Under Article 7, “domestic representative institutions of overseas NGOs” have to submit an application as set forth in Article 5(1) and the donation agreement between general headquarters of the overseas NGO and the domestic party receiving the donation. While there is no requirement of a notarized agreement, the requirement of the donation agreement with general headquarters may present some difficulties for large international overseas NGOs which may have a range of internal operational structures and decision-making processes. It is also not clear why the recipient here is characterized as the “domestic party receiving the donation,” an undefined term, rather than “domestic representative institutions.”  

Article 8 sets out procedural requirements for all other domestic institutions that include:  

  • an application;
  • a photocopy of the registration certificate;
  • donation agreement specifying the purpose of the fund;
  • supporting documents proving the legal overseas registration and establishment of the overseas non-profit institutions (accompanied by Chinese translations);
  • documents supporting the required approval by the State Administration for Religious Affairs for donations of 1,000,000 yuan or more tonational religious organizations; and documents supporting the required approval by the people’s government at the provincial level of the recipient’s location for donations of 1,000,000 yuan or more to religious sites or local religious organizations.

In the first two months following the issuance of the SAFE Circular, there have also been reports of confusion and uncertainty including lack of information on how to get a notarized donation agreement and of domestic groups not being able to access funds in their accounts due to these difficulties. In the context of the already restrictive registration process for civil society groups and the authorities’ use of tax and other regulatory measures to target and harass these groups, these new, intrusive requirements not only threaten to cut off foreign funding – the lifeblood – for many such groups, but also present challenges for foreign funders who want to promote, effectively and safely, an independent civil society space in China.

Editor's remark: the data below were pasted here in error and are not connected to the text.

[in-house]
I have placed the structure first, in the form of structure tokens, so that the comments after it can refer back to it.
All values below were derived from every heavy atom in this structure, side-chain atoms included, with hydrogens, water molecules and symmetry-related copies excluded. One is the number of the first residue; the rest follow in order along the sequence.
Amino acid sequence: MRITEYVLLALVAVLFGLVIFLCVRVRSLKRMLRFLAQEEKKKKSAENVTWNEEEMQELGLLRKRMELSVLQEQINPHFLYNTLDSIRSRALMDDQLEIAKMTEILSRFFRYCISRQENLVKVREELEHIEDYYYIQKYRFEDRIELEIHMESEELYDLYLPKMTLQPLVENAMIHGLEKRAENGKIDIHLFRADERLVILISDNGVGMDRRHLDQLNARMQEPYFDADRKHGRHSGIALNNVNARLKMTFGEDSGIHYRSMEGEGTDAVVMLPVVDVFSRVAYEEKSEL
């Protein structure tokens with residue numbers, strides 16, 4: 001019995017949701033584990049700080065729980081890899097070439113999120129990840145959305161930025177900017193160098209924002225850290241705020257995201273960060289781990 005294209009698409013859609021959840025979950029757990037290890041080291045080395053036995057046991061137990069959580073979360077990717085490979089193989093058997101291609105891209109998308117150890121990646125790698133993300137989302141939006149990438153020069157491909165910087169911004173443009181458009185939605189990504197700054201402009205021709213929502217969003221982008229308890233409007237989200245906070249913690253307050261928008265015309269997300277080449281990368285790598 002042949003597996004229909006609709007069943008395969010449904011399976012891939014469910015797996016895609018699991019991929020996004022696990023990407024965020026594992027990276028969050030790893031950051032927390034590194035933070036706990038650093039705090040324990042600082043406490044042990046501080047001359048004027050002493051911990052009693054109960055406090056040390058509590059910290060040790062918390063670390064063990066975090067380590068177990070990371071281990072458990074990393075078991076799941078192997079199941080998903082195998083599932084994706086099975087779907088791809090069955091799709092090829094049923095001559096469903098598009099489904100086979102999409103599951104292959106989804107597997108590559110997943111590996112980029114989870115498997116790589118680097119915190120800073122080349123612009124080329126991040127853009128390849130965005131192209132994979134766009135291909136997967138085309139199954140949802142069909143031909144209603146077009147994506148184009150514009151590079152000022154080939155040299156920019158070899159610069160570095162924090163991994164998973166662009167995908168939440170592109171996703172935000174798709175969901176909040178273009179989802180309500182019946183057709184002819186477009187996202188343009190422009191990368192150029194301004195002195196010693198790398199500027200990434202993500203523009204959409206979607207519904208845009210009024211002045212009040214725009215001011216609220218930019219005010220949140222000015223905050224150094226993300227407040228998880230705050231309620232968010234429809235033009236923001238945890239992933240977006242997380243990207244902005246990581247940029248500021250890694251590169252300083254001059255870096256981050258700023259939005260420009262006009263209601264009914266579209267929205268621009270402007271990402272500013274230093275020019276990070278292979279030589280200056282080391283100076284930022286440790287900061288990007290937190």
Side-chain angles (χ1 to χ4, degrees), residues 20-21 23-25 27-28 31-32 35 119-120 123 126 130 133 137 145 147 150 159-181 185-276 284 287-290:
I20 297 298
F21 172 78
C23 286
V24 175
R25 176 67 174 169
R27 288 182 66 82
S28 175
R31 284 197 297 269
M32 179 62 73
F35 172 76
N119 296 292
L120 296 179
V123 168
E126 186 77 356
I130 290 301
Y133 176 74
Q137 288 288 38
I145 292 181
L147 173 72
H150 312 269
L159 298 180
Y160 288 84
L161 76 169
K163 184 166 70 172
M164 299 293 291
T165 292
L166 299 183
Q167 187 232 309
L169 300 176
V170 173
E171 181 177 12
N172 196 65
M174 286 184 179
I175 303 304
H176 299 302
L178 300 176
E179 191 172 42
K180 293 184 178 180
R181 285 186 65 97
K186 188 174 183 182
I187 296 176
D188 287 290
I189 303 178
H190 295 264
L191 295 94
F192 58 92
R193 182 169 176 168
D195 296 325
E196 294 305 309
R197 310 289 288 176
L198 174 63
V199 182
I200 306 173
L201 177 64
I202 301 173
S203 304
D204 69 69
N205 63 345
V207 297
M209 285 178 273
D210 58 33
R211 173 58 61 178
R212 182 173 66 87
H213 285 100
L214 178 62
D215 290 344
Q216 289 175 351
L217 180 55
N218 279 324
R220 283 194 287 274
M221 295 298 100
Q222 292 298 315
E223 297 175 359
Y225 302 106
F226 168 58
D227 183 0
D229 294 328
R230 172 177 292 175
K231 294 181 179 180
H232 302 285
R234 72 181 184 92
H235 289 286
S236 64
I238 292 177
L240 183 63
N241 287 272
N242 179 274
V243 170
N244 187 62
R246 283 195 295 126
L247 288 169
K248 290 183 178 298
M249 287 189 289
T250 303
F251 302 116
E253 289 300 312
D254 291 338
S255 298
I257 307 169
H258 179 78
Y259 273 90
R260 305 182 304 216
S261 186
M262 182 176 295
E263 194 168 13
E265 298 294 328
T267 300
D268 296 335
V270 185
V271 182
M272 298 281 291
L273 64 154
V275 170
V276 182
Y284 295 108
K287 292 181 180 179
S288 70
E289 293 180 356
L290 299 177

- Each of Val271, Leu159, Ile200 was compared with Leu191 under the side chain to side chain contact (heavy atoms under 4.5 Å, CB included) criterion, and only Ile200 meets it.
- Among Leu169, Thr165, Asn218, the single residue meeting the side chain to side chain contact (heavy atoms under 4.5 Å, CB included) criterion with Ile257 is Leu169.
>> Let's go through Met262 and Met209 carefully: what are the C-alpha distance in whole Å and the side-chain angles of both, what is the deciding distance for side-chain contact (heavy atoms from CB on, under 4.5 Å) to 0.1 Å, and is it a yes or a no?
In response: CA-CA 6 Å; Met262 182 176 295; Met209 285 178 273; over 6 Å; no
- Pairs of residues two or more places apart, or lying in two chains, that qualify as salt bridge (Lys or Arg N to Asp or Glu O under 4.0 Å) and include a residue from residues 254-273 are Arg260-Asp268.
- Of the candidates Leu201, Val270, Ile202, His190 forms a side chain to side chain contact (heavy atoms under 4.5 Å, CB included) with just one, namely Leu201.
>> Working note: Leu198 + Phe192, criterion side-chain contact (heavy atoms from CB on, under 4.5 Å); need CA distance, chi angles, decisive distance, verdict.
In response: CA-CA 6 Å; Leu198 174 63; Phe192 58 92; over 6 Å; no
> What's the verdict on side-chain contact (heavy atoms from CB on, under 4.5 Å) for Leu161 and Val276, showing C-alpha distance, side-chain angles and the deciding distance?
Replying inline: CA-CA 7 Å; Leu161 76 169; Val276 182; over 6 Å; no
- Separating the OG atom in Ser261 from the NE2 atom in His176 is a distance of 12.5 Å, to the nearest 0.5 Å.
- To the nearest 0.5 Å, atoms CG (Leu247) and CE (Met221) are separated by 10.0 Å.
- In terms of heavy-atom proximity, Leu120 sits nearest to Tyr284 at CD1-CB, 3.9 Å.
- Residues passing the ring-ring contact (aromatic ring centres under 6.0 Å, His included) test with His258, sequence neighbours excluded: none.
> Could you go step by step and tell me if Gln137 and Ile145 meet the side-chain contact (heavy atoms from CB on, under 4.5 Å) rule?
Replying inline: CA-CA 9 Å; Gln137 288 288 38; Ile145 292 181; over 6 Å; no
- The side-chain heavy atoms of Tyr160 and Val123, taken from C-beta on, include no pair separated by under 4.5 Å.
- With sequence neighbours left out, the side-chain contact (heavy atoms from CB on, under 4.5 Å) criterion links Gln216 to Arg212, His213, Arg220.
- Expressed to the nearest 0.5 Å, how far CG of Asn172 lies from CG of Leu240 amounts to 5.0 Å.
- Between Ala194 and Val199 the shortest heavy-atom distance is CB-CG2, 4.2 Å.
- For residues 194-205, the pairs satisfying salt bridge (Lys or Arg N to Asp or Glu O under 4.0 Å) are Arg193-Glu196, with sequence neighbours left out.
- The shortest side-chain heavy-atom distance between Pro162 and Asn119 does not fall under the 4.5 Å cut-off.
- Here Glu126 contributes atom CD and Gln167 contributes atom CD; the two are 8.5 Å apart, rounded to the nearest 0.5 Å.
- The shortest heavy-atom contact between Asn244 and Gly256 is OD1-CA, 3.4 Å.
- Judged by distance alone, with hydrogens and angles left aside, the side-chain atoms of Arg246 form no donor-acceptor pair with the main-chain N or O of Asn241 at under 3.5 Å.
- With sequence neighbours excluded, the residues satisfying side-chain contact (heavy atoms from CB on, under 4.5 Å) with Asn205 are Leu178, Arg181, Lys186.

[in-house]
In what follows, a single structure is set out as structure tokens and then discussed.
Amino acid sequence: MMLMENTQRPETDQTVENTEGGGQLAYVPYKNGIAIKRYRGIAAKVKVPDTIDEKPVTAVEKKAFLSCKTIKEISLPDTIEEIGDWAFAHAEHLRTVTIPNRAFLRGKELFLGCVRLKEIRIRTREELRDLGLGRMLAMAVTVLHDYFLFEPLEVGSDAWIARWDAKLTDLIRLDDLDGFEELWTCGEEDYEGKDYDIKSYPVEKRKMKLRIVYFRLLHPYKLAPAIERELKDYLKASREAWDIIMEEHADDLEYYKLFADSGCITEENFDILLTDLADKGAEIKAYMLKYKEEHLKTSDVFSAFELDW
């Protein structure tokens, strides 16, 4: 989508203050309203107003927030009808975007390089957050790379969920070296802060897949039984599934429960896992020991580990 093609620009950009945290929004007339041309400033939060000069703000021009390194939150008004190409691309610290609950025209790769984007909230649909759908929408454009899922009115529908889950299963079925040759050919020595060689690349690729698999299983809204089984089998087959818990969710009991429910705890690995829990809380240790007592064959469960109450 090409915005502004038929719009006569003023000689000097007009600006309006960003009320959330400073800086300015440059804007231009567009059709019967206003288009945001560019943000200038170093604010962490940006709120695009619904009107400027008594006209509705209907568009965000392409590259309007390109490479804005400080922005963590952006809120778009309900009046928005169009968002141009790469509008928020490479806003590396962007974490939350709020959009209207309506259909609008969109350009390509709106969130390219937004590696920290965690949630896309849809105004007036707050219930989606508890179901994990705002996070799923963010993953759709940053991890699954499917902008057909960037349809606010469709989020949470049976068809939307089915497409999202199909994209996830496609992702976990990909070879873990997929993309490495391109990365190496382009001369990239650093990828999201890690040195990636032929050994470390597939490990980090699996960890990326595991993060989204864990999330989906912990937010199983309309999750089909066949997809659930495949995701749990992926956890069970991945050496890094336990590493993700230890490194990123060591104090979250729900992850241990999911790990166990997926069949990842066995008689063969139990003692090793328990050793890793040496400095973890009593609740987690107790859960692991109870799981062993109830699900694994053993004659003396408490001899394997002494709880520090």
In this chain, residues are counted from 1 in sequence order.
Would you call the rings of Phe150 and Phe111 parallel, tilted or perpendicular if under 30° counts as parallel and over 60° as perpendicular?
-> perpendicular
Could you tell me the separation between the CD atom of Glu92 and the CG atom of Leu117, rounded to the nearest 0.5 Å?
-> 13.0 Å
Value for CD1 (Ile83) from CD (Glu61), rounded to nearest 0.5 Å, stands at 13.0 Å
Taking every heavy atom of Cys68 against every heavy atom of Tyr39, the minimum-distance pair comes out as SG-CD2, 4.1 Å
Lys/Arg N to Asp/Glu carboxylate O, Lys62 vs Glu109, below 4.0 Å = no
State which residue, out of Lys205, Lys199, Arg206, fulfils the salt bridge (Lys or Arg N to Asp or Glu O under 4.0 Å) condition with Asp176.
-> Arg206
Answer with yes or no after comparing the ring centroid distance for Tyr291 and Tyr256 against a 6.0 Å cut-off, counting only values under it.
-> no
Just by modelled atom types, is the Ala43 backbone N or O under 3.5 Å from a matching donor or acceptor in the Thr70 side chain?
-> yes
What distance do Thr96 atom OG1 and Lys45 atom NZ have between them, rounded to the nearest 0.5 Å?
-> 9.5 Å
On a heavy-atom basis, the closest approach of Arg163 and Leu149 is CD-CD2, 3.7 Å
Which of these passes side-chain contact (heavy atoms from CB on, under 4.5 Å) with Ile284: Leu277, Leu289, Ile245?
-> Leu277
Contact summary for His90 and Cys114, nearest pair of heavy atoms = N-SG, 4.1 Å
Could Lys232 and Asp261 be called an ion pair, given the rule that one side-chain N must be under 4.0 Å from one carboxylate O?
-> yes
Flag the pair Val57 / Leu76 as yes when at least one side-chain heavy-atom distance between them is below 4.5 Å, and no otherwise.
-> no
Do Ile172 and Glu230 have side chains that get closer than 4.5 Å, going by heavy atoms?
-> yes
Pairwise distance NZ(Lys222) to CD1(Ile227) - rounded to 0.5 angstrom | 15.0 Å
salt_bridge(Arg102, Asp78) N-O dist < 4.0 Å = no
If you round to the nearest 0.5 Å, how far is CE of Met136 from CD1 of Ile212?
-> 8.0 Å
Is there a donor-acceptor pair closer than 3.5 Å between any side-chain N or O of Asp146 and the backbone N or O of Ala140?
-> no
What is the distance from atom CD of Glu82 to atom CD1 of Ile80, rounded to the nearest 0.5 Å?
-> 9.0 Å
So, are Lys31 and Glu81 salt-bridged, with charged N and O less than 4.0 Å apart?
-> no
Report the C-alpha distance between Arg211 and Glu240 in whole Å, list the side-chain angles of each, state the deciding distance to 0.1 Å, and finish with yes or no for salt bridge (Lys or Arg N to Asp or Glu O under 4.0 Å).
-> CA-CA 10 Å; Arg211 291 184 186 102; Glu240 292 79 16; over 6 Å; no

The recent departure of Wan Yanhai (万延海) – well-known HIV/AIDS activist and founder of Aizhixing, who helped expose the AIDS epidemic in China in the mid 1990s – from China and what has happened to Aizhixing illustrate these problems and the progressive official strangulation of a civil society organization.

Wan left China with his wife and daughter to come to the U.S. in early May 2010 (without closing down Aizhixing), stating that the new foreign exchange regulations and other government interference have made it impossible for him and his organization to do meaningful work in China. In a May 19 interview with Voice of America, Wan said that the official restriction on his organization and on him as an individual has become extreme, and staying in China is equivalent to “waiting for death.”

On May 19, the day of the VOA interview, two officers from the Beijing Municipal Tax Bureau went to Aizhixing’s office, demanding the organization provide, by May 21, documents including:

  • all contracts between Aizhixing and its funders (in original language and Chinese translation);
  • all accounts records, 2002-2007;
  • all financial reports or audit reports, 2002-2007;
  • all tax payments;
  • all bank statements, 2006-February 2010

The following day, Aizhixing posted a statement on the Internet notifying people and organizations which have worked with Aizhixing in the past that all previously confidential information concerning them kept at Aizhixing is now in the hands of the authorities.